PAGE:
Meanwhile Finn (John Boyega) now travels with Poe (Oscar Isaac) and Chewie (Jonas Suotamo) harvesting information from spies for Leia. Poe – in full Indiana Jones mode – is loads of fun here, though these capers bear little relation to his learning curve last time. Boyega is strangely underserved: he gets more screentime than before but less forward motion. While Finn’s bond with Rey is repeatedly said to be important to both, they get no room to actually develop it. He's too busy being introduced to new rebel Jannah (Naomi Ackie), a charismatic actress without much to do. It might have been more economical storytelling to just let Finn shack up with Poe – or to give Rose Tico (Kelly Marie Tran) more than a few lines. Keri Russell's Zorii Bliss is another interesting figure who’s ultimately mostly there to flirt with Poe. Does he really need another love interest when he can generate heat with literally anyone? Alongside other newcomers like Babu Frik (Shirley Henderson) and droid D-0, and the glorious return of Lando (Billy Dee Williams) and others, there’s a whole lot of distraction on our heroes’ journey. Sometimes it’s fan service, but too often it feels more like pandering.

That journey, too, is more complicated than normal. To defeat the Emperor, our heroes face a quest straight from high fantasy or average gaming: find the thing that points to the other thing to do the next thing, with a couple of bonus rescues along the way. The trail leads to the storm-battered remnants of the second Death Star, the "Forbidden Desert of Pasaana" and the snow-flecked world of Kijimi. The level of craft and design in these films remains extraordinary; visually they’re all gorgeous, particularly the towering waves of that world in the Endor system.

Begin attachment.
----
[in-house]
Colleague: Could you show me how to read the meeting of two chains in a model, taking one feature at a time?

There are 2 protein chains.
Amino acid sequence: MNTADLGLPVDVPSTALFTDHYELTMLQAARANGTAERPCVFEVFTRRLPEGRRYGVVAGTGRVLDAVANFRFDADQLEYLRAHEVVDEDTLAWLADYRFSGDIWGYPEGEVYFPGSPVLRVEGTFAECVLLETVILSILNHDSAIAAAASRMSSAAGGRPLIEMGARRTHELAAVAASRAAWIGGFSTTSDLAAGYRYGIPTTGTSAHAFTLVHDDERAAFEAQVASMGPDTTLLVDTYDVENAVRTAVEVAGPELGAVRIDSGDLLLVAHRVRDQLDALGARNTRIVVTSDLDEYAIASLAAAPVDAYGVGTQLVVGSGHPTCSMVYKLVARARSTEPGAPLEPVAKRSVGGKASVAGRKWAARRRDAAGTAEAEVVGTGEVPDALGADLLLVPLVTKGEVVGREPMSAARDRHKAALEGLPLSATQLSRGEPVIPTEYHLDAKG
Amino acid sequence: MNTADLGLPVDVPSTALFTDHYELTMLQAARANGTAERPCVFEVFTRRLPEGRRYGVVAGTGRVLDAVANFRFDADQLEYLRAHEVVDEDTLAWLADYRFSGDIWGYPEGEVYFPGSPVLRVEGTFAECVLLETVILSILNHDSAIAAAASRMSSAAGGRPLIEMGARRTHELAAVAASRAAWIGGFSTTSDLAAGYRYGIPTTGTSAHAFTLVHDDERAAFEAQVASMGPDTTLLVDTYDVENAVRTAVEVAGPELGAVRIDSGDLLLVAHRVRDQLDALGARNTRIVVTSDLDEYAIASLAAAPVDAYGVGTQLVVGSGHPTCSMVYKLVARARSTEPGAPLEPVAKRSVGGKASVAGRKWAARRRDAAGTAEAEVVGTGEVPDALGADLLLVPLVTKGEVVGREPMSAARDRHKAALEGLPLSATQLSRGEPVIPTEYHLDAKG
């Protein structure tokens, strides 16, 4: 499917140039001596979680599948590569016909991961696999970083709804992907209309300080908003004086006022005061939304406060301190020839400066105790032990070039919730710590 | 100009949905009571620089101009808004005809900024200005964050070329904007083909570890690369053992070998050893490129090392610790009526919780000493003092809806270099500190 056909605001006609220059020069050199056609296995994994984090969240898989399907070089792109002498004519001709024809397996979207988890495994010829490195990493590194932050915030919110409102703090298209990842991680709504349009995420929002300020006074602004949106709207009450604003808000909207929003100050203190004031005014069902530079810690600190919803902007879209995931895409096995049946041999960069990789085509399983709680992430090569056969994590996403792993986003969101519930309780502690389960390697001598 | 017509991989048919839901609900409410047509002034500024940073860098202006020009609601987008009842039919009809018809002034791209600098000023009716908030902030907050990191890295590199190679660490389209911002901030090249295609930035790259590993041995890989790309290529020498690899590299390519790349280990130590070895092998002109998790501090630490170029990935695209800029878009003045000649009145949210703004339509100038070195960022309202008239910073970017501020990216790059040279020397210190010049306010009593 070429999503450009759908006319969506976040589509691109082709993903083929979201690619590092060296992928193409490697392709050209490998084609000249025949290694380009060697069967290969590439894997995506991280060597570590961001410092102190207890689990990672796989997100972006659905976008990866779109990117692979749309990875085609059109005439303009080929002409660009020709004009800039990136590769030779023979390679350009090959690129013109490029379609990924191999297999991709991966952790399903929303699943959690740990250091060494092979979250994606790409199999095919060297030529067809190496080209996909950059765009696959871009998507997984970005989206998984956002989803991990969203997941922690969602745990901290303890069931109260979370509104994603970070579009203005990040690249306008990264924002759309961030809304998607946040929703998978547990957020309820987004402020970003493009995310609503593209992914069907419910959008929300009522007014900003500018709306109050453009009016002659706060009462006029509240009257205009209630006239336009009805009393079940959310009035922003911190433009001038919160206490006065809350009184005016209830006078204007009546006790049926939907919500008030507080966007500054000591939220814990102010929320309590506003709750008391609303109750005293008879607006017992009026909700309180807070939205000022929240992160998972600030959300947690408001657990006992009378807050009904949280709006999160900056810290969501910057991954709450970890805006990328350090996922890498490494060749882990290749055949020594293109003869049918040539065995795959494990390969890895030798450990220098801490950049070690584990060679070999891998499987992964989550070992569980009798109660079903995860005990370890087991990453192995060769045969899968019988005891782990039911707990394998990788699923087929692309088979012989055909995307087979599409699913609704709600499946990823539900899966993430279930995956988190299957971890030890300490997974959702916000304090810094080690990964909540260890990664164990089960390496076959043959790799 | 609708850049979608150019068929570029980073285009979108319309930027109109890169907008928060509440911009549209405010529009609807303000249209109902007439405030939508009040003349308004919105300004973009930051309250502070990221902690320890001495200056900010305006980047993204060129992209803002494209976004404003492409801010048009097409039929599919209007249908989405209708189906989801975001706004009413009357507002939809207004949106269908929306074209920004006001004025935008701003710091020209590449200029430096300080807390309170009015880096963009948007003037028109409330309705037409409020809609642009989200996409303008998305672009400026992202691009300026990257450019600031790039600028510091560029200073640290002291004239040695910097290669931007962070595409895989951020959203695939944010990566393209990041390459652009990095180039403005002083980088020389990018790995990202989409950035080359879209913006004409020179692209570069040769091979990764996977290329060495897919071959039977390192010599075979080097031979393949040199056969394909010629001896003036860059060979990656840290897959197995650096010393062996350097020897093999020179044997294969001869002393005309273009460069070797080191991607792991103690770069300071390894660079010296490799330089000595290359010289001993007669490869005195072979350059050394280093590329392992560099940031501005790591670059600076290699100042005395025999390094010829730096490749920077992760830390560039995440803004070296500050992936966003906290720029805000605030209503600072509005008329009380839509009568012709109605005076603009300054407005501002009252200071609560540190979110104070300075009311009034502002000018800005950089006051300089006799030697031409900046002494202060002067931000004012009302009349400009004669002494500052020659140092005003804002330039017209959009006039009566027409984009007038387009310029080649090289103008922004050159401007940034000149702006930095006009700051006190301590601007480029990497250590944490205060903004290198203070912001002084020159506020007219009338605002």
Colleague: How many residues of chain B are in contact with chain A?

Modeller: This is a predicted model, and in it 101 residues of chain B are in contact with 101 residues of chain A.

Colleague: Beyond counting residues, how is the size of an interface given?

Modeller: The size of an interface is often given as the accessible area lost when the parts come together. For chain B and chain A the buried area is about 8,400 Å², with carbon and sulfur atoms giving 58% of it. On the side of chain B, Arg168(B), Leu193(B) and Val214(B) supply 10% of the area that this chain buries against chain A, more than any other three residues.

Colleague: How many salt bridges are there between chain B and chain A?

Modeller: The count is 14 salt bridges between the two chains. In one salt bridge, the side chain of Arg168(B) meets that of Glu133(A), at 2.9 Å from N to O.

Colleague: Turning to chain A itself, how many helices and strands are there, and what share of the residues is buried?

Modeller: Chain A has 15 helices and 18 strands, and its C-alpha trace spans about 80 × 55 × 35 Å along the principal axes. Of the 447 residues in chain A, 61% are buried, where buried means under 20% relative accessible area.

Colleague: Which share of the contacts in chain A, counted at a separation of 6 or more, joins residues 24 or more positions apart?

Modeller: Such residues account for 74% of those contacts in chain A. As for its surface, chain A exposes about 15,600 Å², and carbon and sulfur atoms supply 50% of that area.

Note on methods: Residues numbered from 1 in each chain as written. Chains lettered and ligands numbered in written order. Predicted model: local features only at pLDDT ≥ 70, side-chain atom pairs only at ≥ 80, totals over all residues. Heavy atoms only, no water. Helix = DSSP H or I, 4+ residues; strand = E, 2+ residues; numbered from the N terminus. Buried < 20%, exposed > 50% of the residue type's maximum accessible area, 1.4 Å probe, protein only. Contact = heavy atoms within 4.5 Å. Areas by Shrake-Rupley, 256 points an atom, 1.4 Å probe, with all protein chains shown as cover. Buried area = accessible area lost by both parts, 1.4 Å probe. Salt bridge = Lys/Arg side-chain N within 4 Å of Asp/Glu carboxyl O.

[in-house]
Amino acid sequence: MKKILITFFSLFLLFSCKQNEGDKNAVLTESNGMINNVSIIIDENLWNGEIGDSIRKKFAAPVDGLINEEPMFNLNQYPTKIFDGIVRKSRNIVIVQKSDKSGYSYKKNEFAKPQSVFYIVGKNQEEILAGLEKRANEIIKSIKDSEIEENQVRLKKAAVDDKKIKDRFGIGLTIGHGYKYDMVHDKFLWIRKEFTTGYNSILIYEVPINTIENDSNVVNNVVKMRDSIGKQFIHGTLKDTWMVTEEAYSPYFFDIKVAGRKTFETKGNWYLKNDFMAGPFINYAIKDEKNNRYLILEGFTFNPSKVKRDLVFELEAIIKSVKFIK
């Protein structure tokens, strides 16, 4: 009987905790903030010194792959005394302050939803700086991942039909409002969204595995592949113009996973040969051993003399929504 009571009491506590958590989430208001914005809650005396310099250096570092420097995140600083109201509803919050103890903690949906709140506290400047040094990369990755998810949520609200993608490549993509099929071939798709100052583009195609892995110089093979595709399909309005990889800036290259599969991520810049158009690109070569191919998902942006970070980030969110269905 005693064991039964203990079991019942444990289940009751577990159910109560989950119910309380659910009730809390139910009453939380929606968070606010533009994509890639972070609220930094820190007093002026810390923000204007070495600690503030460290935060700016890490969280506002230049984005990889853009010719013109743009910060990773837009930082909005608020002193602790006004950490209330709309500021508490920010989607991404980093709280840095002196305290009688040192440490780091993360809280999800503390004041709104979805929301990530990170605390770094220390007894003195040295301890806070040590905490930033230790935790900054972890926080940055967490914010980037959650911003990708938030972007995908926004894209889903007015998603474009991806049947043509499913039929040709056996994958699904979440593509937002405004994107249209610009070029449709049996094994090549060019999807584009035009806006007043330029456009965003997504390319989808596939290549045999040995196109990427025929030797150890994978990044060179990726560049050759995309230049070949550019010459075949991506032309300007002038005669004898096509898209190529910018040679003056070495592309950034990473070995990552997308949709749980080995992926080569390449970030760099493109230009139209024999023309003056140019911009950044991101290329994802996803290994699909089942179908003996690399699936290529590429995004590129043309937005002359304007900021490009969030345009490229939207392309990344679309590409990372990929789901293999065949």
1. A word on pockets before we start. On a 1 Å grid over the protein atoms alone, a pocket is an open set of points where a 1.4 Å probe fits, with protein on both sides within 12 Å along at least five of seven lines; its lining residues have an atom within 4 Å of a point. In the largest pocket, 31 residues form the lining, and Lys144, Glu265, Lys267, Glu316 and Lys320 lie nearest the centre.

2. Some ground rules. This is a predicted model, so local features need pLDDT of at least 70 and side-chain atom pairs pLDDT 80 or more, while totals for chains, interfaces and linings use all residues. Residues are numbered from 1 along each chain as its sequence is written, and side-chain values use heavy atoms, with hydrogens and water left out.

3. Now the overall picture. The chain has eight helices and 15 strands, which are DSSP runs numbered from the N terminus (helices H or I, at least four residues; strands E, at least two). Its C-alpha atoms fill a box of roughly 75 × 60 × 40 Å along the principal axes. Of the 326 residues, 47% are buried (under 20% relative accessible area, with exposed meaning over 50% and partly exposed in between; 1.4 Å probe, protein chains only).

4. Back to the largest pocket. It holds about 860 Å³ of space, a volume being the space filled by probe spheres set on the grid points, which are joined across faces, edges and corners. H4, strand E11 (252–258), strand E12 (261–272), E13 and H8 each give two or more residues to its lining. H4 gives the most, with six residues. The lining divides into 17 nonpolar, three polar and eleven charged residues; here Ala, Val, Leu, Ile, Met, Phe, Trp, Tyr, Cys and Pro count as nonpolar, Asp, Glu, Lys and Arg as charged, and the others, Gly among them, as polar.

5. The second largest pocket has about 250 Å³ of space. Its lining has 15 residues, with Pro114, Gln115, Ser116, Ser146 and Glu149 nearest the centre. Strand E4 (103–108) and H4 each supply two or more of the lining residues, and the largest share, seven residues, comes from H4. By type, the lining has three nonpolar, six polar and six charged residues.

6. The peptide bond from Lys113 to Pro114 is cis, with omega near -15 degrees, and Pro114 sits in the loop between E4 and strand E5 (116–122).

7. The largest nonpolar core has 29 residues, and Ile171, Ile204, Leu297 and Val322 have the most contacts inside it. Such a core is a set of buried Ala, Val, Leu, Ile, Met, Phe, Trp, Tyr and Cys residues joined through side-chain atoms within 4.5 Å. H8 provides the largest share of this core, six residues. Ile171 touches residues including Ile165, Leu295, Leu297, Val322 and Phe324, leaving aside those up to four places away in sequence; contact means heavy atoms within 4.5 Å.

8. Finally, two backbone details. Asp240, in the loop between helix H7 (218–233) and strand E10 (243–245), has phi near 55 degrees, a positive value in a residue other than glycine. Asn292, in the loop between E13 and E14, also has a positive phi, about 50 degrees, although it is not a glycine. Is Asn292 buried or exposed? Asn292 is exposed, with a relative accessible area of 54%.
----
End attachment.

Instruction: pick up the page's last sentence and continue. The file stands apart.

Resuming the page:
As they search, destiny keeps calling. Rey and Kylo must face one another again; the Emperor must be defeated without the victor simply taking his place on the Sith Throne. And Emperor Palpatine is back, terribly changed but still potent, more machine now than man. Whether that is a good thing for Star Wars storytelling is less clear.

That’s because, for all the visual panache, pleasing cameos and interesting newcomers here, for all that Ridley and Driver pour into their stand-offs, the Emperor's presence shows a disturbing lack of faith at the heart of Rise Of Skywalker. The fan backlash last time has been taken on-board too well; the storytelling here sputters whenever it approaches any similar chance to turn away from narrative convention and do something truly unexpected. You wish that this galaxy didn't feel so small and scared of stepping away from George Lucas' shadow.

Maybe it won’t matter to fans. There are effective emotional punches before the end, as we say a final goodbye to Carrie Fisher and her generation of stars and as Kylo and Rey face their demons. Arguably the story more or less ends up in the right place, despite the threads left hanging. When it focuses on Rey and Kylo, this film usually works. Whatever the Dark Side says, we can make our own destiny, and we change the universe when we do.

It looks gorgeous and offers strong performances from Driver and Ridley in particular, but ultimately the saga ends with neither a bang nor a whimper but something inbetween.